After a tough cycle in I needed a few days rest in Moose Jaw, I spent the first two days just eating, drinking and sleeping I was truly done in and the weather was still sweltering hot. On day 3 I had a walk round town and did a tour of the tunnels below the town and learning a bit of the history of the town and the country.
The first tour was about the way that Chinese immigrants were treated and the conditions that they lived in. In the late 1800’s and early 1900’s Chinese immigration was seen as a big problem, especially in British Colombia, to try and limit immigration a charge was put on Chinese trying to come to the country, this had little effect and in 1923 a full immigration ban was introduced! Those who were in Canada were often hated and heavily in debt to “Coolie Brokers” who had put up the money for the trip over. Due to there social stigma the Chinese often worked in menial labour such as laundries, which is the main occupation shown in the tour. They were treated badly and paid poorly, the living conditions often being 3 men to a bunk. I was slightly horrified at it but know that this was going on with many other races in other countries so wasn’t hugely surprised.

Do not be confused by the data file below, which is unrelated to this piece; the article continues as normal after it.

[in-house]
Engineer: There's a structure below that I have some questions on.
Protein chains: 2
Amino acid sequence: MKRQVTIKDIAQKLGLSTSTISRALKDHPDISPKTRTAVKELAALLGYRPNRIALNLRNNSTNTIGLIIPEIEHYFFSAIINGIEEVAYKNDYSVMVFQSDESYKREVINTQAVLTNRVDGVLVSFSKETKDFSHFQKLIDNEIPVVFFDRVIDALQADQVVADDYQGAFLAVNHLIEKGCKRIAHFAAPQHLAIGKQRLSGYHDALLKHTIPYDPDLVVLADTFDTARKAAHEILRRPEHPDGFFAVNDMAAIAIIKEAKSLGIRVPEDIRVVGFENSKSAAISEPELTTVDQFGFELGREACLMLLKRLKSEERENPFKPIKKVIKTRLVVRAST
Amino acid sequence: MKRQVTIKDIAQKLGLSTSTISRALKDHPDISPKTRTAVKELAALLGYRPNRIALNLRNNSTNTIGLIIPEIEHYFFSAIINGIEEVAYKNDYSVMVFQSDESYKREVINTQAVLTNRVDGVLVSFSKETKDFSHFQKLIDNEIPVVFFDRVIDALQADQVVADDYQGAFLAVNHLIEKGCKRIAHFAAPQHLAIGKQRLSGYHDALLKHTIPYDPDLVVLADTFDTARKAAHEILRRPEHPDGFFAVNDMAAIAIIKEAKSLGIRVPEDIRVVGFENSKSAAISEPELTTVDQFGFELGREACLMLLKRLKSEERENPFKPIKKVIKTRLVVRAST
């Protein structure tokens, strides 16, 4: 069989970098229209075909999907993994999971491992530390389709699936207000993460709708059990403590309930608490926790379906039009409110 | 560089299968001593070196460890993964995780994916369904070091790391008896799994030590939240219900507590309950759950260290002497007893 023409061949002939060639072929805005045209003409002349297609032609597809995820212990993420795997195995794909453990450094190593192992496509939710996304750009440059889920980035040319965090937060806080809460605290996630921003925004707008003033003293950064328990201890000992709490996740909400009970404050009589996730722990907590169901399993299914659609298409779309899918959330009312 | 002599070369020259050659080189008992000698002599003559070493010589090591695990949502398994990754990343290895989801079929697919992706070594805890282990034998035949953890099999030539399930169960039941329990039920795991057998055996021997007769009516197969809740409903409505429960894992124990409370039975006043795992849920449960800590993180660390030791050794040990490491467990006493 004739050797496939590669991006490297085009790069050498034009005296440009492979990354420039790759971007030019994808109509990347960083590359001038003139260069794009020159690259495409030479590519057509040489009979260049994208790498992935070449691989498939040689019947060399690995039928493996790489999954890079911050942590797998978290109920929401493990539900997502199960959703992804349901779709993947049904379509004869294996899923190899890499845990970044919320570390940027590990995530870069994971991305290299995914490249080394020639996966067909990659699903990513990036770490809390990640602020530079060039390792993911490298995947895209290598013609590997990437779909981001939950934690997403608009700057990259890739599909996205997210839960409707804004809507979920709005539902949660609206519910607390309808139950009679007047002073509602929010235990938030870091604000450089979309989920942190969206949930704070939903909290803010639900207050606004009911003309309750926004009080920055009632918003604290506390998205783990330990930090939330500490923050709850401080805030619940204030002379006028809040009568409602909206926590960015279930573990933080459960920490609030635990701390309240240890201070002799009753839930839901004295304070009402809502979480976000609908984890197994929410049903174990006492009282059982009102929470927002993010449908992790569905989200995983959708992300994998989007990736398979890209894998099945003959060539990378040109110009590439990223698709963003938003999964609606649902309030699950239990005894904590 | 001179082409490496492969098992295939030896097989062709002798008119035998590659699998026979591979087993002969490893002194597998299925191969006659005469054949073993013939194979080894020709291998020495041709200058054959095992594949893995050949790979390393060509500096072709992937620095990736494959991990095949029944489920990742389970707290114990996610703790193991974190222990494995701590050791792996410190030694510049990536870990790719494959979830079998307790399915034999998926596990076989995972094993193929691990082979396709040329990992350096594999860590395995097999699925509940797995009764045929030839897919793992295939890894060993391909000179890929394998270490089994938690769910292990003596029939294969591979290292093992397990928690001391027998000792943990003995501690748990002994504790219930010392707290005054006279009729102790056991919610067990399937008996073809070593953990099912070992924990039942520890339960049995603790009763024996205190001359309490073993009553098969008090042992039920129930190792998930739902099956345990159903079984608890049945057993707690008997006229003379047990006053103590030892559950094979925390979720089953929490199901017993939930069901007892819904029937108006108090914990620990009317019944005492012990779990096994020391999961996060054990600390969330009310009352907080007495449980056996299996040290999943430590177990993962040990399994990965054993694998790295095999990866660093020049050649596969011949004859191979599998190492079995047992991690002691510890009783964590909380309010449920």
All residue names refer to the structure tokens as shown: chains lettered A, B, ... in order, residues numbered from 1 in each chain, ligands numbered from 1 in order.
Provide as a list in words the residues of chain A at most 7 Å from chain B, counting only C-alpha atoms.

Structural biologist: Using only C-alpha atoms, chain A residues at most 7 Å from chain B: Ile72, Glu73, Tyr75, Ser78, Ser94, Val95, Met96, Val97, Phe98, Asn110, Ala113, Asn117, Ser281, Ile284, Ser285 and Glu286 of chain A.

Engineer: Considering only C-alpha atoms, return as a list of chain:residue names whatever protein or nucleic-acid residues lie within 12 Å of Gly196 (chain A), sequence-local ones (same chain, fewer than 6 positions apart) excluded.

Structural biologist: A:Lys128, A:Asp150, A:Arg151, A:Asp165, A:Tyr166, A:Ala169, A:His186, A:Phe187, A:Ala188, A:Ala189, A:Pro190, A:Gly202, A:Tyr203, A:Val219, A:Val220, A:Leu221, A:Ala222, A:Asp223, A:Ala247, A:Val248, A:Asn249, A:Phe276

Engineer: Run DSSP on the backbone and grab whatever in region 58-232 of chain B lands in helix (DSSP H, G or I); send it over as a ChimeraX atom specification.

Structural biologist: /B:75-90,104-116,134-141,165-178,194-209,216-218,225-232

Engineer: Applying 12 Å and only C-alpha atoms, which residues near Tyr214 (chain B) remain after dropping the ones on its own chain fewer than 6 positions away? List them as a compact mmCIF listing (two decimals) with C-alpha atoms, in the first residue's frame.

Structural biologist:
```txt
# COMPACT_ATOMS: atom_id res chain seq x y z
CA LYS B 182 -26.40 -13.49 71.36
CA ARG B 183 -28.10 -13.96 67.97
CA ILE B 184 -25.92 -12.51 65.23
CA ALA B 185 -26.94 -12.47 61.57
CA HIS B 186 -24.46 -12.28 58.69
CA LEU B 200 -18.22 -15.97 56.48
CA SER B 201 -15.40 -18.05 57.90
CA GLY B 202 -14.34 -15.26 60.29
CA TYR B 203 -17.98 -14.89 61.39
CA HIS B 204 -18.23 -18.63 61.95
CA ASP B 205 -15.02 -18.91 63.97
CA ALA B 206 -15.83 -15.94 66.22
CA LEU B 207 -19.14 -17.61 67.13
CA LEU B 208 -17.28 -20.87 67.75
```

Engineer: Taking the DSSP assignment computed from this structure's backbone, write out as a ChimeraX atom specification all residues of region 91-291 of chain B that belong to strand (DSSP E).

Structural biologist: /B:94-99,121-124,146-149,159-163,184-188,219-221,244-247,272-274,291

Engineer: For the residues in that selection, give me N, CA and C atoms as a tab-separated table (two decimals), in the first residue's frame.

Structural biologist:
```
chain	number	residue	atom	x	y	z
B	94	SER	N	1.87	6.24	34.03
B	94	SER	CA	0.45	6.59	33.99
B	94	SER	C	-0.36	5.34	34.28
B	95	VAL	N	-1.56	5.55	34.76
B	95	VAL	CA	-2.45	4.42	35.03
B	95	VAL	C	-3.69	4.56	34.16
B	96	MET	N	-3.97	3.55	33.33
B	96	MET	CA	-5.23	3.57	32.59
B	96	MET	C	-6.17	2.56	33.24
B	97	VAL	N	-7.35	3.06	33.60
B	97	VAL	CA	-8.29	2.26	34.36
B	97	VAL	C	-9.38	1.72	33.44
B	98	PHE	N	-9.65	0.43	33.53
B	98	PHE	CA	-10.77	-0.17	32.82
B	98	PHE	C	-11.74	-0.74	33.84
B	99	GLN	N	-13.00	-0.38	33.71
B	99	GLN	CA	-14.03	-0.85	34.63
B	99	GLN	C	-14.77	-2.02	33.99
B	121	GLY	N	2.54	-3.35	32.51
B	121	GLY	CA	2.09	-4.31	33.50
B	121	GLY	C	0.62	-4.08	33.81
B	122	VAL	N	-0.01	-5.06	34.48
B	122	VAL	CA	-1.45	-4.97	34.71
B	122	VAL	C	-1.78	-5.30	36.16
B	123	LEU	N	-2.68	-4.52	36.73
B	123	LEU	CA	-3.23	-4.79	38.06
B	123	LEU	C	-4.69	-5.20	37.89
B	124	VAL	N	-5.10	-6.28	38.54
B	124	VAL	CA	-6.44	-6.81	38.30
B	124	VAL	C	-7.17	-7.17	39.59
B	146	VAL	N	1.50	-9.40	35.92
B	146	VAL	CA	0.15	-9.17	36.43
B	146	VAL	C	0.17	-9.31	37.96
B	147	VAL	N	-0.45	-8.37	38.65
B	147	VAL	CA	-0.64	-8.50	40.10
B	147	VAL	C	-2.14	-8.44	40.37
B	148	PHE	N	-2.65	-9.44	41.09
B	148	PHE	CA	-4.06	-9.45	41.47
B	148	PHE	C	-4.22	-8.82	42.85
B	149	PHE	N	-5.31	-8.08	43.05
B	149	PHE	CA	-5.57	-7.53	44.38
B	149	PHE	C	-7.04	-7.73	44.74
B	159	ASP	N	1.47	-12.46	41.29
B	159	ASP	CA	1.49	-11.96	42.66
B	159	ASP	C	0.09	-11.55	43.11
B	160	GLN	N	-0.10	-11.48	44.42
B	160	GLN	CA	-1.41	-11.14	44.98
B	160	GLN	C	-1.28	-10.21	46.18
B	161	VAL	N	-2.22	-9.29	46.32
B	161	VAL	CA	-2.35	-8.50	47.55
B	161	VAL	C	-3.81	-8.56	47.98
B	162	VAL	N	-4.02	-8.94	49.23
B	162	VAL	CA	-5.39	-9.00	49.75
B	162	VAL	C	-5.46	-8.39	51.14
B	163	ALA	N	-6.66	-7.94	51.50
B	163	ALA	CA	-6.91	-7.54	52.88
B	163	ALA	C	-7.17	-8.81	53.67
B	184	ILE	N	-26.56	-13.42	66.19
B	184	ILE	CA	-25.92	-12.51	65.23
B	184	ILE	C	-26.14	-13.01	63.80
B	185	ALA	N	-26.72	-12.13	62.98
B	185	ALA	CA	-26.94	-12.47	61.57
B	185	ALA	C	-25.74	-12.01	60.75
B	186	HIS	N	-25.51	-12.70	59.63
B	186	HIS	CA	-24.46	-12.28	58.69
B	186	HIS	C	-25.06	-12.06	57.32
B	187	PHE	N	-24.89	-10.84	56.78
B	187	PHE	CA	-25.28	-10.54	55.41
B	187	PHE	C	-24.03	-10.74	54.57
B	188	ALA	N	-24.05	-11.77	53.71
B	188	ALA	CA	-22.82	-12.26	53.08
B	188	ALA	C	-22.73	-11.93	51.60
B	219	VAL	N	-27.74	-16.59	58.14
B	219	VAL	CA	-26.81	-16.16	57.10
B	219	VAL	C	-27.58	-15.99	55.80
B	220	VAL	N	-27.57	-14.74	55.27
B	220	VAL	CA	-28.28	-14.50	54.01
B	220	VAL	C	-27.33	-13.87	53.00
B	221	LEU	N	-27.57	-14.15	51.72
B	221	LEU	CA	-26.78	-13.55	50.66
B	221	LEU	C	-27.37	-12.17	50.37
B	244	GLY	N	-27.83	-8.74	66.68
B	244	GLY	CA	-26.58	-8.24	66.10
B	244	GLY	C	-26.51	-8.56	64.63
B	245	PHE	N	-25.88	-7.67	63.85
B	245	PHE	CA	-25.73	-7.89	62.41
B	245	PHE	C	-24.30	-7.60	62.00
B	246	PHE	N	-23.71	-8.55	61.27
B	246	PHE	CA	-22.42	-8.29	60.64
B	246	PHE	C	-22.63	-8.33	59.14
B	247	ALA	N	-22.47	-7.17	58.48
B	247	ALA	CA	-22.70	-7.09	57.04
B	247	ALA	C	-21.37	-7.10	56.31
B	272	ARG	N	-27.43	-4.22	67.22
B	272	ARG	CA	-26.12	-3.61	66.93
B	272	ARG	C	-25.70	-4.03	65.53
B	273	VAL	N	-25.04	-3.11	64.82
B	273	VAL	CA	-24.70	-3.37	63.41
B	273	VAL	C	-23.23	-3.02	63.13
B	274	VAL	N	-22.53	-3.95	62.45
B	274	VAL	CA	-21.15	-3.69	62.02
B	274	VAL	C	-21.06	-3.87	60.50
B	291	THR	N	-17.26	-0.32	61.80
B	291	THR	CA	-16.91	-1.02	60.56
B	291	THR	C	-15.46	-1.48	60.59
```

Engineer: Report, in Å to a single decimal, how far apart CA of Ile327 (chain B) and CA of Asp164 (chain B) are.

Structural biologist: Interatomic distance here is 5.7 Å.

On the tour they also explained why the tunnels under the town had been constructed, the primary reason being for the boiler engineers. During winter Saskatchewan gets cold… -30-40oC cold. Going from a boiler room that can be in excess of +40oC out into the bitter cold can be lethal, if you are doing that multiple times a day it can be rather bad on your health, therefore they built tunnels between the different businesses and boiler rooms. Simple solution really.
Tour two was about the bootleggers during the prohibition period and the way they used these tunnels to smuggle alcohol into the US. The main operation was run by Al Capone but some of his men also made a bit more money with there own work on the side, if they had be caught they would end up “sleeping with the fish.” During this period Moose Jaw was a seen as a den of vice and nicknamed “Little Chicago”
I had a bit more of a wander round the town and more rest and food. before moving on…